I’m grateful to have a good-paying job.  Even though I’m completely burnt out and miserable, it pays the bills.  Money solves problems.  Well, usually.  Going back to work after 10 days off was a real bitch slap.

The highlight of last weekend was watching and hearing Sarah perform in Maysville Saturday night.  One of my favorite things about attending her performances has always been that I can mingle with the audience (where few people know me) and listen to what people are saying about her and her music.  The group last Saturday sounded the best I’ve ever heard them…perhaps it was the acoustics in the old theater that enhanced the sound so much.  Sarah and Thomas are releasing a new CD next month.  I can’t wait to hear it!! 

Sarah and Thomas (and Jesse and Ruth)


Monday, June 1, 2015

catalpa massacre

I went back to the Little Sandy River yesterday morning with my kayak.  It was early morning (well, early for me), on a breezy day with big puffy white clouds floating around.  Paddling up river was a bit hard because I was headed into the wind and against the current.  Once I got away from the mouth of the river where the water is wider and shallower, the hills blocked the wind somewhat and it was easier going. 

The black locust trees along the river have shed their blooms, and now the honeysuckle, blackberries, and catalpa trees make the river smell as magical as it looks.  Thick patches of honeysuckle and blackberry briars grow all along the shoreline.  The blackberries are thick with blooms.  The catalpa trees are also blooming.  Branches that overhang the water drop their blossoms into the water.  The current carries them downstream.  I began seeing blossoms scattered all across the water at least a half mile before I saw the first tree.  The blossoms are waxy and look fresh on the water, but when you pull one out, it wilts in a matter of minutes.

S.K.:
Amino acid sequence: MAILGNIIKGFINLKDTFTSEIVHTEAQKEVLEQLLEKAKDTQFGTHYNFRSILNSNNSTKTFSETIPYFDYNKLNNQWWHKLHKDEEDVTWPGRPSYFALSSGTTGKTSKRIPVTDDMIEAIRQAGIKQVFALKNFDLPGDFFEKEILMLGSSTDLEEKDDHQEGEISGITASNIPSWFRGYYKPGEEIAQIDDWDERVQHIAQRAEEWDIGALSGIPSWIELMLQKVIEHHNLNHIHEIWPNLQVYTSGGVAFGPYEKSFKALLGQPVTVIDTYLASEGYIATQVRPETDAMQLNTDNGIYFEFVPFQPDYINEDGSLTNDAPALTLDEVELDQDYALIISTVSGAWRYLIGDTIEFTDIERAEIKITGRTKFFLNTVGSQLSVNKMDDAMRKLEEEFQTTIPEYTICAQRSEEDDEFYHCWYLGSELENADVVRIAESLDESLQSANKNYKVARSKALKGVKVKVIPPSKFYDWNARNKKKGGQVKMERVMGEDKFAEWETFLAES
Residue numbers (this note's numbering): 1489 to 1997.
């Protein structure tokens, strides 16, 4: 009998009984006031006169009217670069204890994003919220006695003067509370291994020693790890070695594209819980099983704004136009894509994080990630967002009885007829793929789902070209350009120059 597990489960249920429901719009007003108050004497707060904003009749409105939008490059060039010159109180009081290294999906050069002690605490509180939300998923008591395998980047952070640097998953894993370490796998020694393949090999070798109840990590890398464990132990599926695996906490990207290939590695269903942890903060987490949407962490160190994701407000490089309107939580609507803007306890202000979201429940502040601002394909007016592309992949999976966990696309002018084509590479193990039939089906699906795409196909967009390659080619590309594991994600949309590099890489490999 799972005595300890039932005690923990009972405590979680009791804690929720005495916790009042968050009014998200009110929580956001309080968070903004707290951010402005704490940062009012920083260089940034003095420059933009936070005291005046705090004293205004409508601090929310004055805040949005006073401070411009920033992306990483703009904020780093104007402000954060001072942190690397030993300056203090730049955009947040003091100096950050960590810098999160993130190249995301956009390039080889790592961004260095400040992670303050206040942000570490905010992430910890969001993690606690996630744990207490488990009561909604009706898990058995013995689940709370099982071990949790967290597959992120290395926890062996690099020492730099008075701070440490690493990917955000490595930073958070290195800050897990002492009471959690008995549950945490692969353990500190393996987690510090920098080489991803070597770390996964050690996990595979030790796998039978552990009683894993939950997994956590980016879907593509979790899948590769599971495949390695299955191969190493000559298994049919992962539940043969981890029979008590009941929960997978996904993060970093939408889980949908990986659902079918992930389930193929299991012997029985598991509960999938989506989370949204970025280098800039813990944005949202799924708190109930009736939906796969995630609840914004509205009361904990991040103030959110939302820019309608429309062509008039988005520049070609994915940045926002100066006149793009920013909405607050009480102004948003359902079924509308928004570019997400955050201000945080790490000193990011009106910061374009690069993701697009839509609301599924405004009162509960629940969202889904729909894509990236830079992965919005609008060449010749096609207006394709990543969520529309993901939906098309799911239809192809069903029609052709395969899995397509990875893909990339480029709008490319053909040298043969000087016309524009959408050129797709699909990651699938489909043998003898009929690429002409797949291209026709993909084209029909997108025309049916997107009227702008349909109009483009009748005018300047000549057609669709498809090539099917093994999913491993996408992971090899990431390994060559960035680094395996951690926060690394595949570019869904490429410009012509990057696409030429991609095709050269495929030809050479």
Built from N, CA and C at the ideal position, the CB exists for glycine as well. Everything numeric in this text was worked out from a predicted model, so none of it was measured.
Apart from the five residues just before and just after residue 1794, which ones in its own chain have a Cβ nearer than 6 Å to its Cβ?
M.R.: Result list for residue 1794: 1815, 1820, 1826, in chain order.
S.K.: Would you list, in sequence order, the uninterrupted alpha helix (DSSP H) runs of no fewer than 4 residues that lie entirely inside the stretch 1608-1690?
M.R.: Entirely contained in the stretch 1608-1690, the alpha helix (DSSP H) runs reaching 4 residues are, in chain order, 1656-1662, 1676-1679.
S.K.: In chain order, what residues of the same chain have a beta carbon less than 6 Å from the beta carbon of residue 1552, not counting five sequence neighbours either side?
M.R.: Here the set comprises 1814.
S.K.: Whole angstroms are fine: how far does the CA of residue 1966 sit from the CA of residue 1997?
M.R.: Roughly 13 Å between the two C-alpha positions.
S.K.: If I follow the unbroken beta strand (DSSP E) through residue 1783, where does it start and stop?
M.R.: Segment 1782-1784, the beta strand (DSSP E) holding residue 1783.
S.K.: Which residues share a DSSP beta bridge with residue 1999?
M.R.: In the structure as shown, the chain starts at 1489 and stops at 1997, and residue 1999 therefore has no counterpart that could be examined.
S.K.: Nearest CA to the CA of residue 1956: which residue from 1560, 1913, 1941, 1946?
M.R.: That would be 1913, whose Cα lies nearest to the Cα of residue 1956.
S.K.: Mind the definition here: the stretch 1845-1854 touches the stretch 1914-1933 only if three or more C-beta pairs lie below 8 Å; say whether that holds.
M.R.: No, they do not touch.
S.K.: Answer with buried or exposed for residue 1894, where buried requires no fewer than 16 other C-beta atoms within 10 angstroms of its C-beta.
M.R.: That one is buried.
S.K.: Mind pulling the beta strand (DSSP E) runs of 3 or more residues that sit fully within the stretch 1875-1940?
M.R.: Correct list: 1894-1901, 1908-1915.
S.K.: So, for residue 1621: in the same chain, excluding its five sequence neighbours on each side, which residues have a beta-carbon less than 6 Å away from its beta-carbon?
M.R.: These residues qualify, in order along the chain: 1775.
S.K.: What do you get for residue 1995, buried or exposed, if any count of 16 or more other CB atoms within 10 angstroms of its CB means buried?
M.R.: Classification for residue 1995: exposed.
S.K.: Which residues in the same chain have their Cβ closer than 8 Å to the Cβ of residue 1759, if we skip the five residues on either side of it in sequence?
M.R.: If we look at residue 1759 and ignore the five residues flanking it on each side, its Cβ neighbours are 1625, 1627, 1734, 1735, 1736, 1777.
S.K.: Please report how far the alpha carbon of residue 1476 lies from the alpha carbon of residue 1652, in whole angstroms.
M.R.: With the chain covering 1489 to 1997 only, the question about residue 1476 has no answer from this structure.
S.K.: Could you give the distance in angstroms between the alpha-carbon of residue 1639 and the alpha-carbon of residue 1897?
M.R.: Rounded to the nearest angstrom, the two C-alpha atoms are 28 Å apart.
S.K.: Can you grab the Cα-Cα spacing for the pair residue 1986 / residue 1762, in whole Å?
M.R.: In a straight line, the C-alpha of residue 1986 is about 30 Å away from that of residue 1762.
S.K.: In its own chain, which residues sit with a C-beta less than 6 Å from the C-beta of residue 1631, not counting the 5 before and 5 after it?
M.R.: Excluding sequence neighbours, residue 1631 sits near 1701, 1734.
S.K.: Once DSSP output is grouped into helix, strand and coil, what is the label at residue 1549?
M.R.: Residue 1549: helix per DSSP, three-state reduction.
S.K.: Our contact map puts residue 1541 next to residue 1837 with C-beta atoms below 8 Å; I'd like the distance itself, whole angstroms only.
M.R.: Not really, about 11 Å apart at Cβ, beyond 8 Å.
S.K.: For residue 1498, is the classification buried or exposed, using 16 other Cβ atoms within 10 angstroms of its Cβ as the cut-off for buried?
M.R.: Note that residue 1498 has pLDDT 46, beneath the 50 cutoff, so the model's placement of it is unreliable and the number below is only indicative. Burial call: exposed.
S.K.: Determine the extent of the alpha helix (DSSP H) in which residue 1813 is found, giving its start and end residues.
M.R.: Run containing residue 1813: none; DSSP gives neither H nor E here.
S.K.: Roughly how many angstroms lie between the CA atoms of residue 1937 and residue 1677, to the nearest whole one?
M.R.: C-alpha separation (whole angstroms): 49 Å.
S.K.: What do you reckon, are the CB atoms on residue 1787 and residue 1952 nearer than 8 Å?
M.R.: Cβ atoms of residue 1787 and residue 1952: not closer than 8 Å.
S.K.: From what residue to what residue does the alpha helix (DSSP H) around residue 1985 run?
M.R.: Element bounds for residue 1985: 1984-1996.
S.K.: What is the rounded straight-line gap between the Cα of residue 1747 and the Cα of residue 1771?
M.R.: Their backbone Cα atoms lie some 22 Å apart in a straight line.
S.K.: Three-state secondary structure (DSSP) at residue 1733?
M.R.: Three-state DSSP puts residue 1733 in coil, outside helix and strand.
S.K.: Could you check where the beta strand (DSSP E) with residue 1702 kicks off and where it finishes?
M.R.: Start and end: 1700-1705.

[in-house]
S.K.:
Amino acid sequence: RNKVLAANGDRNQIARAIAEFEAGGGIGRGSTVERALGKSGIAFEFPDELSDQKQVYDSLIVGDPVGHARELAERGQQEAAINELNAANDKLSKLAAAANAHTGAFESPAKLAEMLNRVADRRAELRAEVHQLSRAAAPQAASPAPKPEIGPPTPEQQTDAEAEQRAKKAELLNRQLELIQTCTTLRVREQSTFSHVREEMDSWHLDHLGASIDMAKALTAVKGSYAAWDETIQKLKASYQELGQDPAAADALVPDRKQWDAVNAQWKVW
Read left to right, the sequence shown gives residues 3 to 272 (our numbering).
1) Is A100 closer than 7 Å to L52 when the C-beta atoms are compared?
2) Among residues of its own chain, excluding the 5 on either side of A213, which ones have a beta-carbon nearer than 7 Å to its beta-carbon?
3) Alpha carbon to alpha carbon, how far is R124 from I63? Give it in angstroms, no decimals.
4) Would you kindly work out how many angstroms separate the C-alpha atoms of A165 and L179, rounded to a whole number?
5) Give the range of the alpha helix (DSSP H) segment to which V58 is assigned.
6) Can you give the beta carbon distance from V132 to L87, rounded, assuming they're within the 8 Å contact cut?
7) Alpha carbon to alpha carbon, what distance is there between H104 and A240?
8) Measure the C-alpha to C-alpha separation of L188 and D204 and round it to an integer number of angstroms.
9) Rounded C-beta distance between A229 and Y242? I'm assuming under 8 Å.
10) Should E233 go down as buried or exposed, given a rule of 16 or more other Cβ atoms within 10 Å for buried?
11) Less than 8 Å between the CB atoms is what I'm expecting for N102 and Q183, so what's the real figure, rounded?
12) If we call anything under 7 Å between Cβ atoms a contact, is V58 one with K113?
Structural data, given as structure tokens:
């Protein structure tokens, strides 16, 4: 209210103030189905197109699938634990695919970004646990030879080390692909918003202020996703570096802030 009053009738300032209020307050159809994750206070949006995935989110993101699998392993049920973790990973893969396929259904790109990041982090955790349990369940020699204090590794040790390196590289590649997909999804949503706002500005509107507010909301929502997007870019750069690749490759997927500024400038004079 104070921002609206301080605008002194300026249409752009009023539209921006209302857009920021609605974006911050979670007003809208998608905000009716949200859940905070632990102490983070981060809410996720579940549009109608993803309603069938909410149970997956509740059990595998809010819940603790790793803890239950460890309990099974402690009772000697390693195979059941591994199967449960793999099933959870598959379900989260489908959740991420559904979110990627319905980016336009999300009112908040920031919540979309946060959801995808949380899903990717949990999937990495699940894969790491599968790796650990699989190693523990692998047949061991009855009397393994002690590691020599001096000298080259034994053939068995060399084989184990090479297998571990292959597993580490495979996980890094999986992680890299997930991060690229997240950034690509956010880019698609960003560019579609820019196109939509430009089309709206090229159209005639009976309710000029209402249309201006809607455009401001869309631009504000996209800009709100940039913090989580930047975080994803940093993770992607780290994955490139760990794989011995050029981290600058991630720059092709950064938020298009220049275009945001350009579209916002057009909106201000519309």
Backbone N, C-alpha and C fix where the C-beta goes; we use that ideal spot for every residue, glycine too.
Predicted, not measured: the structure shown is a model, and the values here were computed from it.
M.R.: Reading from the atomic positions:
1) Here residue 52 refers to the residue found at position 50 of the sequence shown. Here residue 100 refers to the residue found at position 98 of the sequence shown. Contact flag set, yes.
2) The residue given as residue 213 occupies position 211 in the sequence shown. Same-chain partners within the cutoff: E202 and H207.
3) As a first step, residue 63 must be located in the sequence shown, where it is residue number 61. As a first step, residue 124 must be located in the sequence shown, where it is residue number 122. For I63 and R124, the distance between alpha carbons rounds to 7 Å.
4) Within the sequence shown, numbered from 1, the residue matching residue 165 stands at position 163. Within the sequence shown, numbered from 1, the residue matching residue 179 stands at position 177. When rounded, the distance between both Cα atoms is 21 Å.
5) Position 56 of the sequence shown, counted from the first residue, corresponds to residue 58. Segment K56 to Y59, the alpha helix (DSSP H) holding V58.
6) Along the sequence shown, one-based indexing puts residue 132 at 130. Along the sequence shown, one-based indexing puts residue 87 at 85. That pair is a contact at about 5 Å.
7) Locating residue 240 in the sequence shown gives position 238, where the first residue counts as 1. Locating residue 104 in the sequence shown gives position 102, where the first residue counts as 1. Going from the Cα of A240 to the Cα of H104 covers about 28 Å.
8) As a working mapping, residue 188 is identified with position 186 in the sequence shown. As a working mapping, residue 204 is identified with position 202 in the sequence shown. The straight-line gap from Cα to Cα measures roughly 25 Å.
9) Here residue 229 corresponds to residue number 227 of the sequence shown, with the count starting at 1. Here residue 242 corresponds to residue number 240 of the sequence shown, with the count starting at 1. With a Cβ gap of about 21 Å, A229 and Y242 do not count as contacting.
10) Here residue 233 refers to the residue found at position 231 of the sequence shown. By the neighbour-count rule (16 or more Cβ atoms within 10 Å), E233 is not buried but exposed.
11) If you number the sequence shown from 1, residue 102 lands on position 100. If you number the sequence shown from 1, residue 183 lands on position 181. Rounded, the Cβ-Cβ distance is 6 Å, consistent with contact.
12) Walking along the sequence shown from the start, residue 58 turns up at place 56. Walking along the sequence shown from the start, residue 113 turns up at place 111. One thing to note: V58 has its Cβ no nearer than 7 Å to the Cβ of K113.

Single bloom of catalpa tree

Branch of catalpa tree
Blackberries in bloom

My great grandfather kept several catalpa trees on his farm.  He cut them back severely every fall so that the main trunk was only about 5 feet tall.  In the spring, the trees would grow branches straight out from the top edge of the trunk.  It was really an abomination of nature to see these poor trees, but he had his reasons for doing this.  The branches were very straight and sturdy, and they rotted slowly.  He used them for bean poles.  Kentucky Wonder are the pole beans he always grew: they are prolific producers and you can still buy the seeds even today.  I liked picking pole beans much more than bush beans because I didn’t have to bend over to harvest them.  My older brother picked the ones I couldn’t reach, so we worked together as a team.  Actually, we were supposed to be a team of three, but little brother was always too busy catching bugs, toads, garter snakes, and other such creepy-crawlies.

When the blooms drop off a catalpa tree, long beans develop.  Sometimes people call these bean trees.  Some of the kids at school called them cigar trees.  

catalpa with "beans"


What I remember most about catalpa trees is that they attract catalpa worms, which are really large, fat, green caterpillars.  My older brother had a Daisy BB rifle.  Although we were forbidden to shoot at living things (like birds and squirrels) or trains and cars with it, nobody objected to us shooting catalpa worms.  We shot them, execution style, for the ones on the lower part of the tree.  Sometimes we shot the worms clean off the leaves, but usually part would hang onto the leaf and its guts would drip to the grass below.  It’s really gross to think about, but we took turns doing it without any regard for the poor worms or to the moths they might have become.

catalpa caterpillar becomes a drab, furry brown moth 



I can hardly bring myself to kill anything anymore, other than wasps and flies that get into the house, or mosquitos.  I don’t like being the terminator.